By Allison Campbell-Jensen
In August 2017, “A Campus Divided: Progressives, Anticommunists, Racists, and Antisemitism at the University of Minnesota 1930-1942,” opened in Elmer L. Andersen Library. This exhibit differed from others featuring engaging and eye-catching materials from archives and special collections, says Kate Dietrick, Archivist for the Upper Midwest Jewish Archives. This exhibit sparked a controversy, was atypically centered on an outside researcher’s work, and began in a conversation.
In 2013, Dietrick had befriended Professor (now Emeritus) Riv-Ellen Prell, who was then the director of the Center for Jewish Studies and a professor in American Studies. Prell asked if the Upper Midwest Jewish Archives held anything related to antisemitism at the University. Not much, Dietrick told Prell.
“Finding actual evidence of discriminatory policies is difficult,” Dietrick said. “Nevertheless, I encouraged her to research the topic in the archives and should she find ample resources, we could put together an exhibit in Andersen.”
During a late November workshop, Dietrick offered insights into this vital work of archival research.
“[H]istory, in particular primary source research conducted in the archives, can have a relevant and powerful impact on our present day.”
Prell, with Ph.D. candidate Sarah Atwood and student researchers, engaged in two years of research in the University Archives, in the Upper Midwest Jewish Archives, and at the Minnesota Historical Society. Their topic expanded as, Dietrick said, “they uncovered documentation of targeted University administration policies and actions against Black, Jewish, and progressive students on campus and began weaving the story together.”
Working with exhibit designer Darren Terpstra, Dietrick helped get the exhibit panels edited, designed, and mounted. She didn’t know what to expect for attendance, but the exhibit opened a few weeks after the white supremacist event in Charlottesville.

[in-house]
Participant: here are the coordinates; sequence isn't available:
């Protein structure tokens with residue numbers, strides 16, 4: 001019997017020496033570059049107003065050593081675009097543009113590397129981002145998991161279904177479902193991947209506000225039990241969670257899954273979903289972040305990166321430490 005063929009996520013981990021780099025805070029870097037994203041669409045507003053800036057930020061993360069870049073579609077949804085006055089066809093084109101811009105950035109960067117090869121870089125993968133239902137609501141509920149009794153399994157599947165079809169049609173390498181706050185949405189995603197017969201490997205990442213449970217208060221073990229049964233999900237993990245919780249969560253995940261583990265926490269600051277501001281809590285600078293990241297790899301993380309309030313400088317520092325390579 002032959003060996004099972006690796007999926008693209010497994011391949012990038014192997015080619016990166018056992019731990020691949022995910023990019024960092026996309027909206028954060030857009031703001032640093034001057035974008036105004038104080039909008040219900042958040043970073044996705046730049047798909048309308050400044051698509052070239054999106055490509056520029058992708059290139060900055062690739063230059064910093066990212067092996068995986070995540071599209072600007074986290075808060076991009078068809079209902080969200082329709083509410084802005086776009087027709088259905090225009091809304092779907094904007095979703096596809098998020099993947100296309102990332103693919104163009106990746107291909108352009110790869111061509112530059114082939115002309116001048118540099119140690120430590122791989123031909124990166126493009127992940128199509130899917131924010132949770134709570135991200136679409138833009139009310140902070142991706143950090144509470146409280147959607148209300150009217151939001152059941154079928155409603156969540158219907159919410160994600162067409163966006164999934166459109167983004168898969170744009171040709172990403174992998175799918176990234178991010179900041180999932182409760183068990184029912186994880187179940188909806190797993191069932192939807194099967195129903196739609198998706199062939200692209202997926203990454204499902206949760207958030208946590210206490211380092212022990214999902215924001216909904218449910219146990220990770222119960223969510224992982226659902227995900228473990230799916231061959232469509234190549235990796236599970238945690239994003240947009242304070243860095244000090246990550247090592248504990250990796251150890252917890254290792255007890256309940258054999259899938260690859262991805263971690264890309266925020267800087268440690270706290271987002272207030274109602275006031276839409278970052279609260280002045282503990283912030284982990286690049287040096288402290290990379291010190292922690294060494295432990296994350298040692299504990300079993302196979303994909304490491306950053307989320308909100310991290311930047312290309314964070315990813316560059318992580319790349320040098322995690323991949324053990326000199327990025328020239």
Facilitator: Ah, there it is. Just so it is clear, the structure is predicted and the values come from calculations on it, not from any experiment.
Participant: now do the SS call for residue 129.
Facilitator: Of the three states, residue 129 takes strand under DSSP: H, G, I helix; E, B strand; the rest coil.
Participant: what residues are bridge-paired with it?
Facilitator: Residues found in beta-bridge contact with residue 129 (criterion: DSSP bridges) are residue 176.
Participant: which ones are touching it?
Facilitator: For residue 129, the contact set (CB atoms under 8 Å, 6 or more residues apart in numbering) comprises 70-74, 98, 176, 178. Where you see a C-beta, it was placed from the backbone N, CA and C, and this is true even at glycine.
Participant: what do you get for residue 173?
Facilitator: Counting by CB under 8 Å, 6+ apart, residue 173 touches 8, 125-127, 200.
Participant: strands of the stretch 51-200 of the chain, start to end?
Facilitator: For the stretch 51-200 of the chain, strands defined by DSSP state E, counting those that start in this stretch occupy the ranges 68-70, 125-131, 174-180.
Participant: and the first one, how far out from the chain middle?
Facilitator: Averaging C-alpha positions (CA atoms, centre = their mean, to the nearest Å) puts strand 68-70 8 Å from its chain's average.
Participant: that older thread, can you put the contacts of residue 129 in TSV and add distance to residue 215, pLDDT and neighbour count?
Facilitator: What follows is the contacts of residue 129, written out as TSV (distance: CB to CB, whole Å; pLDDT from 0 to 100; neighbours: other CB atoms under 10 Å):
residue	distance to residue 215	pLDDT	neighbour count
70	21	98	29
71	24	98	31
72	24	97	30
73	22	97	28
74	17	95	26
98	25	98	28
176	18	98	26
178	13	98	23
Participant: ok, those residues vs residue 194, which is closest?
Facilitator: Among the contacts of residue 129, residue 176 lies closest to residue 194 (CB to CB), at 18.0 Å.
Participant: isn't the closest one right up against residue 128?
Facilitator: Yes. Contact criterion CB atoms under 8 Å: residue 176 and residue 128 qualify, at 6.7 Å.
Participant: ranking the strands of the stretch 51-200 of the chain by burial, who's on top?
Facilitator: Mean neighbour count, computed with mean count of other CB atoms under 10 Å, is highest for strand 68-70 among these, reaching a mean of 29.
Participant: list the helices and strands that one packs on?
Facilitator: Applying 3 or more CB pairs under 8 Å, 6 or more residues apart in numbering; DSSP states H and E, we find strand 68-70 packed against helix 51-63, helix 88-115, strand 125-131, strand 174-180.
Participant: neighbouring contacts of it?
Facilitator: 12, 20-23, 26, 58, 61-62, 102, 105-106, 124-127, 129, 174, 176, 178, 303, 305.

“Suddenly during this time many people were openly talking about institutionalized racism in America,” Dietrick said.
The opening exhibit talk was sold out and thousands of people came to Andersen Library to see the exhibit. The exhibit demonstrated that University administrators had discriminated against Black and Jewish students, as well as putting people they considered radical under surveillance.
“A Campus Divided” questioned, Dietrick said, “if these were people who should have buildings on campus named after them in light of this information.”
Dietrick led 331 people on tours, and Prell led community leaders and Board of Regents members. By the time the exhibit ended in December, 565 Post-it notes expressing community members’ feelings had been left.
Piecing together archival records
At the workshop, Dietrick talked about four documents, out of the great many identified, that related to housing segregation. The first was about physical exams given to Negro and Jewish students; President Lotus D. Coffman monitored the numbers of these singled out students and their housing needs. Did these students even know their numbers were singled out? Dietrick asked. If you were in one of these groups, how would that make you feel?